Injury or illness rate =

(the number of injuries or illnesses during 12-months /

the total hours exposure to PA during 12-months) × 1000.

Statistical analysis

Descriptive analyses were used to profile characteristics of the three groups. An ANOVA test was used determining the differences between the groups for age, length, weight, BMI and BMI-age standard deviation score (SDS). The chi-square test was used determining the differences between the three groups for sex and prevalence of diseases or disabilities. The dependent variable is the occurrence of injuries and illnesses within a 12-month period and the amount of organized sports participation per week as independent variables. We also investigated whether the more serious sports participants (two or more times of sports participation p/wk.) run a higher risk of being injured or ill compared to the less serious peers who participate in sports once per week (group 1) and not at all (group 0). Group 1 and 0 were taken together as one group for this additional analysis. Analyses were performed using the SPSS Statistics, Version 23.0 (IBM Corp., Armonk, NY, USA). Determining the differences between the three groups for the incidence of injuries and illnesses (injury and illness rates) during the 12-month follow-up period and calculation of the 95% confidence intervals for injury and illness rates were performed using MedCalc for Windows, version 17.9 (MedCalc Software, Ostend, Belgium). A p value < 0.05 was considered statistically significant.

Results

Participants’ characteristics

Of 140 children and adolescents with CDPD who were invited to participate, 103 completed the 12 month period of prospective injuries and illnesses monitoring and only their data were analyzed for the current study. Reasons for dropout during the 12 month period of prospective monitoring are presented in Fig. 1. We lost 23 (16%) participants before the start of the study mainly caused by faults in our email system or participants/parents did not want to participate. Further, fourteen participants (10%) dropped out during the follow-up period of the study. The drop out of participants was not related to personal characteristics (i.e. diagnosis, age, sex) and was randomly between the three sub-groups.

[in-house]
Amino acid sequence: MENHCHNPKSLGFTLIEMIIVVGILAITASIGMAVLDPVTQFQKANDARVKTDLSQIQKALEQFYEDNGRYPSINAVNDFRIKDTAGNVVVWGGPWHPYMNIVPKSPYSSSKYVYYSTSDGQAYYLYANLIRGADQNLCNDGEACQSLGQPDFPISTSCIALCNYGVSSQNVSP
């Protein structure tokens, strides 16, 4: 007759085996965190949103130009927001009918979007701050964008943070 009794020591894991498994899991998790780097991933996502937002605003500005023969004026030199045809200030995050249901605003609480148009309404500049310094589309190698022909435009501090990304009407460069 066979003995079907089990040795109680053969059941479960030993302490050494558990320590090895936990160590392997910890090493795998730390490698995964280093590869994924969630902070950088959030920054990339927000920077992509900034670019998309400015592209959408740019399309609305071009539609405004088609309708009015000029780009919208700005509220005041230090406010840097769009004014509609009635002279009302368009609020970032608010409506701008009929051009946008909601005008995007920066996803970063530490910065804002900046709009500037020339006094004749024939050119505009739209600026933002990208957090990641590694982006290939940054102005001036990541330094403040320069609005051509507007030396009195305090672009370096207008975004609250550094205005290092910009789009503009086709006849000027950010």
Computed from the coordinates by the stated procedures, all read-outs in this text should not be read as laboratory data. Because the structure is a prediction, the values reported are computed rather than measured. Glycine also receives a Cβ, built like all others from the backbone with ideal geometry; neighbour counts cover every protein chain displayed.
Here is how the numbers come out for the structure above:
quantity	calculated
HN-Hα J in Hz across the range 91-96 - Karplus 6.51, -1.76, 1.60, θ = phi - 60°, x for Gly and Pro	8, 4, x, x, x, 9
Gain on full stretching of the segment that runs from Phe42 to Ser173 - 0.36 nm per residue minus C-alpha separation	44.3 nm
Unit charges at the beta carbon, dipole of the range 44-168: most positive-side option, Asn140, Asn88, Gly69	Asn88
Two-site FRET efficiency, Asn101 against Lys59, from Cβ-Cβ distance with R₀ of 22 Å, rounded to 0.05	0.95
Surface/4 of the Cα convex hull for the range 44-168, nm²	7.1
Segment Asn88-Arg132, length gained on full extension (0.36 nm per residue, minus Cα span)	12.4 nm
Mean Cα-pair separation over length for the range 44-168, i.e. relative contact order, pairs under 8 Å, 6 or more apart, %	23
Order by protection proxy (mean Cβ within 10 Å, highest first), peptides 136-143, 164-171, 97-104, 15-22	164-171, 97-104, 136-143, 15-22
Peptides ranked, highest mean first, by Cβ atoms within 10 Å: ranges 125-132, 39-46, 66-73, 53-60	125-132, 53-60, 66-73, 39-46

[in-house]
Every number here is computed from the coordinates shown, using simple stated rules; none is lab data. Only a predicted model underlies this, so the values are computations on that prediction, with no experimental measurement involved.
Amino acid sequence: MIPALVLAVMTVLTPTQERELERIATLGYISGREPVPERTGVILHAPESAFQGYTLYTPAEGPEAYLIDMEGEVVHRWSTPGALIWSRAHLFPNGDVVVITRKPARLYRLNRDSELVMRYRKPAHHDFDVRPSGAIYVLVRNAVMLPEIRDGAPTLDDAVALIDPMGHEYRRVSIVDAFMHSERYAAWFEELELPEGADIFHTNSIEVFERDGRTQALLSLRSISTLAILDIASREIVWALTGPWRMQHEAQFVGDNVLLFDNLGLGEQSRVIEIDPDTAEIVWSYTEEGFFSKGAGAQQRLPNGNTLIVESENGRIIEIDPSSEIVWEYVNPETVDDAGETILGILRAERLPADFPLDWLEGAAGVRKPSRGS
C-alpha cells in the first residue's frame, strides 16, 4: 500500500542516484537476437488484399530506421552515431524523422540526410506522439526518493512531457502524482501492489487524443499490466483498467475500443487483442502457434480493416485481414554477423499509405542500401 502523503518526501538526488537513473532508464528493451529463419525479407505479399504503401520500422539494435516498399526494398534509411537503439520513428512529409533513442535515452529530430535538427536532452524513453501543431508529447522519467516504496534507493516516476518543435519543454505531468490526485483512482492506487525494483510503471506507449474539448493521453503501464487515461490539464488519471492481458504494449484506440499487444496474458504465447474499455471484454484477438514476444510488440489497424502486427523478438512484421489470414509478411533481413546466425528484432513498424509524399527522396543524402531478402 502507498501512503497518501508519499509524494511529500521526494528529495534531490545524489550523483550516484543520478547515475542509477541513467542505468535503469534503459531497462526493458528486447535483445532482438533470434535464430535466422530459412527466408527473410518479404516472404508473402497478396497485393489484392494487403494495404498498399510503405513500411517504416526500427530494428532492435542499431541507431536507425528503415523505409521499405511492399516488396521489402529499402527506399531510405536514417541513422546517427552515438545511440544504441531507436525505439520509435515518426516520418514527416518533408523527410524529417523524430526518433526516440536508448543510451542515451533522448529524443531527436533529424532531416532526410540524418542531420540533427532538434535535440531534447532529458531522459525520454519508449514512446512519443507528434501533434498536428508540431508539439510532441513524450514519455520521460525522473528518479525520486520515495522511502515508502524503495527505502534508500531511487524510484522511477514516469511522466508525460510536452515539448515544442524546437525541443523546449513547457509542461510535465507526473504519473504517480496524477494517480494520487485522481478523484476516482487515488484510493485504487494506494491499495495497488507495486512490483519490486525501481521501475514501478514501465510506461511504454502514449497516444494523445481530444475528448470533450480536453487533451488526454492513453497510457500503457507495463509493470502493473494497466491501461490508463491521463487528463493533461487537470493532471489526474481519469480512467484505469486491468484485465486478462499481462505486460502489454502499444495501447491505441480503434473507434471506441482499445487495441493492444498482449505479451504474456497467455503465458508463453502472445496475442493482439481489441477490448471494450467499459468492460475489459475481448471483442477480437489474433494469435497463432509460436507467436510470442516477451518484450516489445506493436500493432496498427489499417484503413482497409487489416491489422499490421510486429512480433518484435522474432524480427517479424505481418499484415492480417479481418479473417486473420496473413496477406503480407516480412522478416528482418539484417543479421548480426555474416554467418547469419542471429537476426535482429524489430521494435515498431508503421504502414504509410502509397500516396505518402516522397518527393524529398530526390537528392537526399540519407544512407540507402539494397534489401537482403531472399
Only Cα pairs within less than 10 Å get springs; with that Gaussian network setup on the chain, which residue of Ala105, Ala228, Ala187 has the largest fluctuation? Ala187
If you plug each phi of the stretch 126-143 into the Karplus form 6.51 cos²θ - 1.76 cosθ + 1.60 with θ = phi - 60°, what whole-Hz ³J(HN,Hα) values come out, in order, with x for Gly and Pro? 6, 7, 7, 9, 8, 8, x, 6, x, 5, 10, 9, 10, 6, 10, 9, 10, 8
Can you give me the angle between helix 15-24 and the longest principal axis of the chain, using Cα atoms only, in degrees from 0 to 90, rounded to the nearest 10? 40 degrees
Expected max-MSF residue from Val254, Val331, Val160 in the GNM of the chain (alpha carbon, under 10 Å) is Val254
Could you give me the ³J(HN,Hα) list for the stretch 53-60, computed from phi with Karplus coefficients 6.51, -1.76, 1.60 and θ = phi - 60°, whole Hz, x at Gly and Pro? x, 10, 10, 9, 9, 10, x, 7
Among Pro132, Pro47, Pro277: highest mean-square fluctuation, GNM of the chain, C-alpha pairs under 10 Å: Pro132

The participants’ characteristics (sex, age, medical diagnosis, height, weight, BMI and BMI SDS) and p-value per group are displayed in Table 1.

The vast majority of the group had a neuromuscular disease (46 out of 103), with Gross Motor Function Classification System (GMFCS) classification of 1 or 2. There was a significant difference between the number of participants per group and for sex in group 2, 44 boys versus 20 girls (p-value = 0.031) Table 2.

Table 2 Incidence and severity of injuries and illnesses categorized according return to play (PE or sports) per group over a 12-month period

Injury incidence, characteristics and severity

In total, 46% (N = 47) of the participants with CDPD reported 86 injuries during a 12-month follow-up period. Most of the registered injuries (70%) occurred in group 2 (exercising at least twice a week in sports). Almost half of the registered injuries in group 2 resulted in minor (1–7 days) and moderate (8–21 days) time loss in sports participation. While in group 0 and group 1 resp. 89 and 59% of the reported injuries could be classified as NTL, this was different in group 2 with only 40% being classified as NTL. Most of the injuries were articular contusions or distortions (41%), followed by muscles strains (24%), no severe injuries like concussions were reported (Table 3). The majority of the reported injuries were located at the lower extremity (74%). A third of the injuries occurred during organized sports (31%) and only in group 2.

Table 3 Type, body location and context in which the injury occurred, categorized per group

Illness incidence, characteristics and severity

A total of 90 illnesses during a 12-month period were reported by 43 participants (42%) (Table 2). Most of the illnesses were reported in group 2 (59%). Overall, the majority of the illnesses (64%) resulted in a minor time loss (1–7 days) for participation in school, no differences were seen between the three groups. Only 9% of the illnesses were severe (> 21 days). The severity of the illness for return to sports was the highest for group 2 (57%; 1–7 days), compared to group 1 and group 0 for which most of the illnesses resulted in no time loss for return to PE or sports (75 and 59% resp). Flu and fever were the most commonly reported illnesses (58%) followed by symptoms of fatigue (18%). In addition, there were single cases of inflammation, asthma, migraine, epileptic attack, sleeping apnea, shingles and pertussis, which together accounted for 24% of the total reported illnesses.